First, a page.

THE purpose OF THE PROTESTs
The importance of the Black Lives Matter protests and why we must keep up the momentum ensuring our voices are heard and a difference is made.
words and photos: Amara Barrett Willett
Last weekend, I decided to join the black lives matter protests in London after a long, heavy week of being inundated with graphic videos and pictures of brutal police violence and proud racists. Like many other Black Brits, I had the urge to make my voice heard and do something, but was unsure the best way to go about it. You’d be forgiven if you had forgotten we were in the middle of a global pandemic, but unfortunately white supremacy has refused to go on hold whilst we’re all trying not to die. Somehow, despite a globetrotting virus causing the world to literally shut down, there has still been time to make room for the murder of innocent Black people who are going about their normal daily lives.
For some reason, people seem to forget that Britain is the grandfather of modern global racism. The British Empire is responsible for some of the bloodiest, most gruesome and most animalistic behaviour in history. It was this country that paved the way for slaves to make it to America and the Caribbean. The first concentration camps were set up by... you guessed it, the British. The British colonial project has caused death, famine, grief and trauma worldwide. Conveniently, the British have managed to sanitise their history when teaching about their ‘great’ country. In schools, the curriculum jumps from Henry VIII [16th century] to WWII [20th century] so it’s far from surprising to hear people romanticise the colonial era.
This glossing over of history is what has given its citizens the confidence to blatantly overlook its wretched past. White British people will tell you that this country is the “least racist”, or that “you’re making it up.” We should consider ourselves lucky as “we’re not America,” and “slavery didn’t happen here.” Or my favourite - “we helped free slaves too”. Their ignorance should not make us question our experiences and doubt our own truths. We stand up to those who are racist, when we protest and chant; “Justice for Belly Mujinga”, “Justice for Grenfell”, Justice for Shukri Abdi,” refusing to let those wronged escape our memory.
The white guilt that we are now witnessing many people experience holds no flame to the pain the Black community has felt for hundreds of years. And I’m not afraid to say I’m glad some white people are uncomfortable. I’m glad mainstream journalists showed their arses this week, asking Black people if “racism is really that bad here?” [Fiona Bruce, I’m looking at you.] I’m glad we took the moment and ran with it. To protest is to let your opinions and the truth be heard and to prevent injustices carry on blindly.
Saturday's protest was full of young people who felt the same way I did. A distinct energy by everyone who is fed up. There were several times as we were chanting “Black Lives Matter” I wondered, “why am I arguing this? Why am I debating this with anyone?” I was screaming, begging in all actuality to be acknowledged as a life that matters. And therein lies the problem, some people have to beg for their lives to be acknowledged and some people don’t. That is racism in a nutshell. That’s prejudice in a quick minute.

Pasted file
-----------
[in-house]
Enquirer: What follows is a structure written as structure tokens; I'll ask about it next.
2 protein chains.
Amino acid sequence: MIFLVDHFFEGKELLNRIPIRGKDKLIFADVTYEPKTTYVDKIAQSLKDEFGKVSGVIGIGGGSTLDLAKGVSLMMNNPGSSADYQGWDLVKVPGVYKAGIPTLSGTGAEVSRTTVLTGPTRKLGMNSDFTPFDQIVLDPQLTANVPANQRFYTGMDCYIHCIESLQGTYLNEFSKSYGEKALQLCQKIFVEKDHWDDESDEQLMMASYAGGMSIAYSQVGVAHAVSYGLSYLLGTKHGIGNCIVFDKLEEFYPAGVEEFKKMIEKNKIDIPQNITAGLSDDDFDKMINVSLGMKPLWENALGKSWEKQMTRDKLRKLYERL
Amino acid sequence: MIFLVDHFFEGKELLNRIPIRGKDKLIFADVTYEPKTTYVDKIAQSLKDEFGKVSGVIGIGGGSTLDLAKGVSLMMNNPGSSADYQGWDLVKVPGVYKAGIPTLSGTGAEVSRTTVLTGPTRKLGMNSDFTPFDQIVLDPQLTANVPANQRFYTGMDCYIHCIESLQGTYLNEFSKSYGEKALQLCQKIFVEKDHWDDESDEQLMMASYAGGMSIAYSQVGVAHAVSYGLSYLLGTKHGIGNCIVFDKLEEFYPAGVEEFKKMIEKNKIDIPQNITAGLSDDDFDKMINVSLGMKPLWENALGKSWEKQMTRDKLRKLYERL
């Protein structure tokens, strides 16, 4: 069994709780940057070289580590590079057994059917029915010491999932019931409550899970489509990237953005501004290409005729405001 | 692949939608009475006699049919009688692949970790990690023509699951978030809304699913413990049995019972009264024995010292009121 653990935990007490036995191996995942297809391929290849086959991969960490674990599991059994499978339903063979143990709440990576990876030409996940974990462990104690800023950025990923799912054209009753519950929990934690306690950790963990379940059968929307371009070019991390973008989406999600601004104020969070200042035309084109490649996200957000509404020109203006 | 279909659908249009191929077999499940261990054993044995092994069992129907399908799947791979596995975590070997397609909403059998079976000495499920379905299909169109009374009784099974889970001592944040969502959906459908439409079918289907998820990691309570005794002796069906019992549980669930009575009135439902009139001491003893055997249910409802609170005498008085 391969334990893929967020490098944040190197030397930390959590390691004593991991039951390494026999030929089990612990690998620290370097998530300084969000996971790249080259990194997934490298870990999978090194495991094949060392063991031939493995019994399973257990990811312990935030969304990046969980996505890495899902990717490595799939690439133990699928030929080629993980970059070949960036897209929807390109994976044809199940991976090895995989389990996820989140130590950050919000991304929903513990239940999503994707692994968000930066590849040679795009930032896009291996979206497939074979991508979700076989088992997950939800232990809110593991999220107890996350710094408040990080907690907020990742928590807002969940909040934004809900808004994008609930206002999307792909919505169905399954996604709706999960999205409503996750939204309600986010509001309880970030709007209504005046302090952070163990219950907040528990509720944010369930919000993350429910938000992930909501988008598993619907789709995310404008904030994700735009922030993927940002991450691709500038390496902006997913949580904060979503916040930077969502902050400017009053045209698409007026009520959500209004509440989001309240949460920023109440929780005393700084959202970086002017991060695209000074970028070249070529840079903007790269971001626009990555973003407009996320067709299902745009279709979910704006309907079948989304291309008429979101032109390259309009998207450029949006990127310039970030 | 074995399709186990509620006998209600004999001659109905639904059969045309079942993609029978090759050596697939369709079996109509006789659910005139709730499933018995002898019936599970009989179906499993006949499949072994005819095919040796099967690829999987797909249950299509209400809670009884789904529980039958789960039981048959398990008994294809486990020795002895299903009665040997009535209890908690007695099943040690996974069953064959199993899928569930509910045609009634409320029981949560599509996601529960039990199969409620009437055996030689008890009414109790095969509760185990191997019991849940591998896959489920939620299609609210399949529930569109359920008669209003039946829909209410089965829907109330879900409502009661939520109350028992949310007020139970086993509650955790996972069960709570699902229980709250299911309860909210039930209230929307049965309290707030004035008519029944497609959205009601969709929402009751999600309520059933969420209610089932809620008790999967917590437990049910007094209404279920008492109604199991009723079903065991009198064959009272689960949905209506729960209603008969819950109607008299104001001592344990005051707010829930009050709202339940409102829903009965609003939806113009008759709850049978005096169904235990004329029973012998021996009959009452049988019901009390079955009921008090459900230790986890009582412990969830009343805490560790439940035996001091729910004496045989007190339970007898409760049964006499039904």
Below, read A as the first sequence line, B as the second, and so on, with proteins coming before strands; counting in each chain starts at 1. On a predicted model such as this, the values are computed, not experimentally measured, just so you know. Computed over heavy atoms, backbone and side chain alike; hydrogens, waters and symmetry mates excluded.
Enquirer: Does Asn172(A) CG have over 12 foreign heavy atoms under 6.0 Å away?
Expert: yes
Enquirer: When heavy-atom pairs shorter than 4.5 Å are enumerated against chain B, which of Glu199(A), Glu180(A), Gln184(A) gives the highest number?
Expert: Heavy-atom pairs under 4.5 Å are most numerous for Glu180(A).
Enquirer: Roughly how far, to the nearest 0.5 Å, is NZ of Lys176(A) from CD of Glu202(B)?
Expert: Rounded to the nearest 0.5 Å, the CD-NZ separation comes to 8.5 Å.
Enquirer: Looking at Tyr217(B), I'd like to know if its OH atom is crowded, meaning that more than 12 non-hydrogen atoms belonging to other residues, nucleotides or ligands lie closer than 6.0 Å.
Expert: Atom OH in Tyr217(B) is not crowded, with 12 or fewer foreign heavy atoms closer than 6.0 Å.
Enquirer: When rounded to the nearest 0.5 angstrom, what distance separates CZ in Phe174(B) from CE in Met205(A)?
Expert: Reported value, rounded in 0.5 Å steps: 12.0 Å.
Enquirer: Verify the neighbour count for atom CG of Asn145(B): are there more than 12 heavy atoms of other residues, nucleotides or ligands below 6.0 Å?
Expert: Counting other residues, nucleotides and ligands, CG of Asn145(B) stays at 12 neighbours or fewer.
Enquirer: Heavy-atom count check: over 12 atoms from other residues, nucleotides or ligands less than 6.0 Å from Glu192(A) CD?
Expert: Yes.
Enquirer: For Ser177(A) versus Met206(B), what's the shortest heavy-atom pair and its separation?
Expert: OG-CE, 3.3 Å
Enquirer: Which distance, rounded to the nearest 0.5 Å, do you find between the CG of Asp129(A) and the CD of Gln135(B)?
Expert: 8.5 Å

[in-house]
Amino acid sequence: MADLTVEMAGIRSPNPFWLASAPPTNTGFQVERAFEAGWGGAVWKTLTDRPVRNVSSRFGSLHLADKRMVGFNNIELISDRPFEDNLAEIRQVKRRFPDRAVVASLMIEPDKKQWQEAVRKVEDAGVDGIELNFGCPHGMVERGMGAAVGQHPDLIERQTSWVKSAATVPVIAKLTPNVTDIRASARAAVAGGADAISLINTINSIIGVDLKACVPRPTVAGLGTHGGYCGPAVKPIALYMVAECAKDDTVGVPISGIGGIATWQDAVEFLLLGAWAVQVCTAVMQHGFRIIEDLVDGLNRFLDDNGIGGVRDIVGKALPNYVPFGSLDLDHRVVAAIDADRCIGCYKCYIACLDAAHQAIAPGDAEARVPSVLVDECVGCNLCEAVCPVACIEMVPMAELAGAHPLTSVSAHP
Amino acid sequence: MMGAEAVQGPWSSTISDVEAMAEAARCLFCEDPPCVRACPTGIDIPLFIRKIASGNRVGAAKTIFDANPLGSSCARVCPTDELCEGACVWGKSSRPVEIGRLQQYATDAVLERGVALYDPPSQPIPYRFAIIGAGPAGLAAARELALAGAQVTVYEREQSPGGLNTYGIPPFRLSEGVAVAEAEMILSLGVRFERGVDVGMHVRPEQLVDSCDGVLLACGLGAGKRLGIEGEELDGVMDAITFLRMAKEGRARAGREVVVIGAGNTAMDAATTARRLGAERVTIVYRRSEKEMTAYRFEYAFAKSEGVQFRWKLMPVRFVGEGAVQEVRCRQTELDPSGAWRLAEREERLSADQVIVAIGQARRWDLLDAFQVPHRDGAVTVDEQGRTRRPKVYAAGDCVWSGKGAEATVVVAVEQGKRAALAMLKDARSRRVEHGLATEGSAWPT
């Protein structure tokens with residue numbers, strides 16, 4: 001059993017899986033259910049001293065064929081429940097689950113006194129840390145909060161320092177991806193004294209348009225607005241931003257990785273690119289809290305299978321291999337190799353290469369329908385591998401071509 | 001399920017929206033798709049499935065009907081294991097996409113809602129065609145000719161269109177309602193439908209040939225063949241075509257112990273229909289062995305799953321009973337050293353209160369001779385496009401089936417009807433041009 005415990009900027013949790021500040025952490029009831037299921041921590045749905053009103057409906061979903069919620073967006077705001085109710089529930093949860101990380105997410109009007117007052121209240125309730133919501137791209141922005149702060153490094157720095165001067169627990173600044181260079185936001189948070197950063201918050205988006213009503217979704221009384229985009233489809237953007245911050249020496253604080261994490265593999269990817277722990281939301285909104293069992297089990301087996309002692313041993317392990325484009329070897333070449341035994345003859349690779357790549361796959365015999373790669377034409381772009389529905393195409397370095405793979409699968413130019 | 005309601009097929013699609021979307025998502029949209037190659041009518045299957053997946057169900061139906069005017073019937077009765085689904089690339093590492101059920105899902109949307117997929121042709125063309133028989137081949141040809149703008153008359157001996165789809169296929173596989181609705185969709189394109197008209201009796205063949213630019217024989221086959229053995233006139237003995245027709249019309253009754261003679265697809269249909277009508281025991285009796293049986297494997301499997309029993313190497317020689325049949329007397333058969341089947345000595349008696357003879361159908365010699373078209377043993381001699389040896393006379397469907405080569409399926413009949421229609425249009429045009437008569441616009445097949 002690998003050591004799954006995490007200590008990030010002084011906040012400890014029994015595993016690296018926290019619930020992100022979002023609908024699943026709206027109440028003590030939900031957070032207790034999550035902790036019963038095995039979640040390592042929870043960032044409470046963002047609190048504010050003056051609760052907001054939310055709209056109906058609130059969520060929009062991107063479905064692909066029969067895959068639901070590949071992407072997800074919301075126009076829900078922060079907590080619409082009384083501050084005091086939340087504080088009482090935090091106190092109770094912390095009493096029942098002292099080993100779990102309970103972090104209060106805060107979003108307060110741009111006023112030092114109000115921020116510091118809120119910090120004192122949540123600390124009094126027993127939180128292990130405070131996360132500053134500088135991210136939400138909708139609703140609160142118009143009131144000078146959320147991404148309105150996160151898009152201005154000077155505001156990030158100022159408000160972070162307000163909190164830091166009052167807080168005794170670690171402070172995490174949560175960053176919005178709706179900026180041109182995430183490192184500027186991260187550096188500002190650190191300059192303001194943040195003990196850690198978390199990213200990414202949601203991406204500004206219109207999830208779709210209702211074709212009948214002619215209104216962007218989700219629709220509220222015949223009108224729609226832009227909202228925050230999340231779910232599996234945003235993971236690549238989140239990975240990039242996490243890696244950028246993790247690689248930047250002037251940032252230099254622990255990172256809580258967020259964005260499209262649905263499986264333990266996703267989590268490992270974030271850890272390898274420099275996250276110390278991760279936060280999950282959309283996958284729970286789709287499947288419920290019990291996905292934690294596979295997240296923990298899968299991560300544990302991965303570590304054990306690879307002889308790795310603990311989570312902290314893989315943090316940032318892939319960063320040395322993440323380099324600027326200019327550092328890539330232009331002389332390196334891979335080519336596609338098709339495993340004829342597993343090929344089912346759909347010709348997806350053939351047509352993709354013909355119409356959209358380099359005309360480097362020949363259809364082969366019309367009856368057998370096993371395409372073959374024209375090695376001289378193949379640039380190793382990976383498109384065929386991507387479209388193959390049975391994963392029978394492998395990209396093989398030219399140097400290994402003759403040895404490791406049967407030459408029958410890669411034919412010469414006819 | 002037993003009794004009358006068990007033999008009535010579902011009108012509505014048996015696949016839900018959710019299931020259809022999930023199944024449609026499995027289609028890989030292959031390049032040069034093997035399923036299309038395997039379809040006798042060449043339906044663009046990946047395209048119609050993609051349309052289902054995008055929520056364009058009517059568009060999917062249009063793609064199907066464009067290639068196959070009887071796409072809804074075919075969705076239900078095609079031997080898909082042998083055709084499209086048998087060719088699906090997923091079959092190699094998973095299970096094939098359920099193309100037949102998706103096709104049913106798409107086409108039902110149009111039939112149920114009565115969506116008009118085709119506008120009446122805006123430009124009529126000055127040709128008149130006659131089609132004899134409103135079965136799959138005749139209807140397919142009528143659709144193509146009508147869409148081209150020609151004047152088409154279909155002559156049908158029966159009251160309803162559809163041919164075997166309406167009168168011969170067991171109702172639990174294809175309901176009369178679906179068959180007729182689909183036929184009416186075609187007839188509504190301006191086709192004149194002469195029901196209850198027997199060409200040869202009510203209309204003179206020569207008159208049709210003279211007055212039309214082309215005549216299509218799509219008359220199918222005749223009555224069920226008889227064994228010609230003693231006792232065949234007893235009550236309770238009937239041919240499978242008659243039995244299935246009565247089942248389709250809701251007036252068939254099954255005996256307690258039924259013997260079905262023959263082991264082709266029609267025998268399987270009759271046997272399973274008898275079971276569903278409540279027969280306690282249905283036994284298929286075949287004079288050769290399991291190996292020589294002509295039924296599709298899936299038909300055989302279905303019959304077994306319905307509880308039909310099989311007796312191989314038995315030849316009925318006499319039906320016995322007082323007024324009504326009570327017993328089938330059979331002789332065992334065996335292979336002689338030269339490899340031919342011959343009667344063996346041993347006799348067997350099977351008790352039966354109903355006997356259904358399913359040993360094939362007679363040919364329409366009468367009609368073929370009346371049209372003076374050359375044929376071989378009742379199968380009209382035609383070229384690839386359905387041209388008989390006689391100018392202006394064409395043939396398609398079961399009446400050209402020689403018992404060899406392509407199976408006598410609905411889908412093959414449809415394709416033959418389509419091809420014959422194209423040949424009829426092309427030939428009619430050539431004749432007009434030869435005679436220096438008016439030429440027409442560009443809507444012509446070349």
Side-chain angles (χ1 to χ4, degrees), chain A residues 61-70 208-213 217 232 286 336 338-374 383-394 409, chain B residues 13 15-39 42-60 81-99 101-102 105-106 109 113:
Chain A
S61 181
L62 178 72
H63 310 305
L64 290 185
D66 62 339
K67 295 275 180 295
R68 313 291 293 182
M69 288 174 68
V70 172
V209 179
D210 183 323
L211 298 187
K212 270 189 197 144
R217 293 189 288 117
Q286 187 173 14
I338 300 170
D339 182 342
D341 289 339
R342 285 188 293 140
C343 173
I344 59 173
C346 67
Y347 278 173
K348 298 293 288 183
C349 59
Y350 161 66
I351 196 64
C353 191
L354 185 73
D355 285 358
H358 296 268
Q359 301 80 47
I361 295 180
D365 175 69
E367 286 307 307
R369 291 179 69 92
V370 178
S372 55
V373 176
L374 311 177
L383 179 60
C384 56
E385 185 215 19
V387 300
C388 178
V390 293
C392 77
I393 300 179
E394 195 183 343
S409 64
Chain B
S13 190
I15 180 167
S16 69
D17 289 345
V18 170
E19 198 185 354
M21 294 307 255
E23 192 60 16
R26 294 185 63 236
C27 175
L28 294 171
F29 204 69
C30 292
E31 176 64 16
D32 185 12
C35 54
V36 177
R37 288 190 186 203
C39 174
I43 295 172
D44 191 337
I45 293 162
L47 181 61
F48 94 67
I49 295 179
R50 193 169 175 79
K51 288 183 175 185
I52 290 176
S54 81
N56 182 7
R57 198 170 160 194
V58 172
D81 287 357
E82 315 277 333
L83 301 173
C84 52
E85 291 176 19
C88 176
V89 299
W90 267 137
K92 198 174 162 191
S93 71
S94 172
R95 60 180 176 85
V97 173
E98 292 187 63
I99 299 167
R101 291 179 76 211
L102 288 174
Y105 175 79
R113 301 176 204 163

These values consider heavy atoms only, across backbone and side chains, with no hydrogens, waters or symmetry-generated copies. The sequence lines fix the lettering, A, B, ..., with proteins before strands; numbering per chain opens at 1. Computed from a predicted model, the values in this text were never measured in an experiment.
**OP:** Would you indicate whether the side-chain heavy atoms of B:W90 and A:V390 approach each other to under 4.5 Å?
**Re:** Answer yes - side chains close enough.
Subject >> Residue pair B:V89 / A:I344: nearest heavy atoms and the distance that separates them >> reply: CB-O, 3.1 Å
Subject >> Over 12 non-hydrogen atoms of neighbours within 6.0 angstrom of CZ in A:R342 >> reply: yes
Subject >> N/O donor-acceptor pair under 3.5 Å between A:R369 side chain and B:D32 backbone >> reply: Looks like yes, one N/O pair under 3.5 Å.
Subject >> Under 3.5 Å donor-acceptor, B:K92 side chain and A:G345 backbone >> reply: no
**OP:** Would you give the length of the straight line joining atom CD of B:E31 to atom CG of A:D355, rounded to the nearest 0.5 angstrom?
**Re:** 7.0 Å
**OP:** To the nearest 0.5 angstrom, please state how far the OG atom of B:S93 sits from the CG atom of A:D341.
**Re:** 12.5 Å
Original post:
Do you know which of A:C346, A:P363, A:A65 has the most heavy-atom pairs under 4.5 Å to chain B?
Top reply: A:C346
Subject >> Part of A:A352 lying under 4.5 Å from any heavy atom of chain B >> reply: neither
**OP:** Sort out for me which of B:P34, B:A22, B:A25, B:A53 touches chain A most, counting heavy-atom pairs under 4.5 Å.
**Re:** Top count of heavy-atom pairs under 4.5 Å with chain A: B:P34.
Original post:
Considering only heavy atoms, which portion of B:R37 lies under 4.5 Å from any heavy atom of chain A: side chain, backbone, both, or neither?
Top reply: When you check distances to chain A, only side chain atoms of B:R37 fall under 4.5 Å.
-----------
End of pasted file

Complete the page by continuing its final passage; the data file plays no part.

Despite the mix of heavy emotions throughout the day, I left that protest feeling better in my heart. Probably a selfish moment on reflection. I felt better about myself for engaging in a big demonstration of how much I care. Would I have felt the same if I took to one knee last Tuesday outside my house, like Jeremy Corbyn suggested we all do to, “show solidarity?” I think not. While the action of protest itself brings about change and progress, it also makes you feel as if you are contributing to solving this big abstract problem that is structural racism. And for that, I am thankful for the protests.
It’s important to keep the pressure on. When Black people spoke out about the current Prime Minister’s actual racism [see watermelon smilies, piccaninnies, and letterboxes etc.], we were told it’s not that bad and we should get over it. The country then overwhelmingly voted for him, making it clear that he is not alone in his thoughts and beliefs. What we do know is that many in this country deep down, or for some, not deep at all, hanker back to a different time where we did have different rights.This is why protesting is still essential. Being politically active is still very important. Reminding your friends and family who share racist posts on Facebook that it’s not cute. Educating yourself and educating your children to be and to do better is key. Keep signing petitions, keep attending protests, keep supporting the organisers, keep donating to black charity funds, keep donating to the US bail funds. With so much more to do, it would be such a shame if we were to lose the momentum we have built.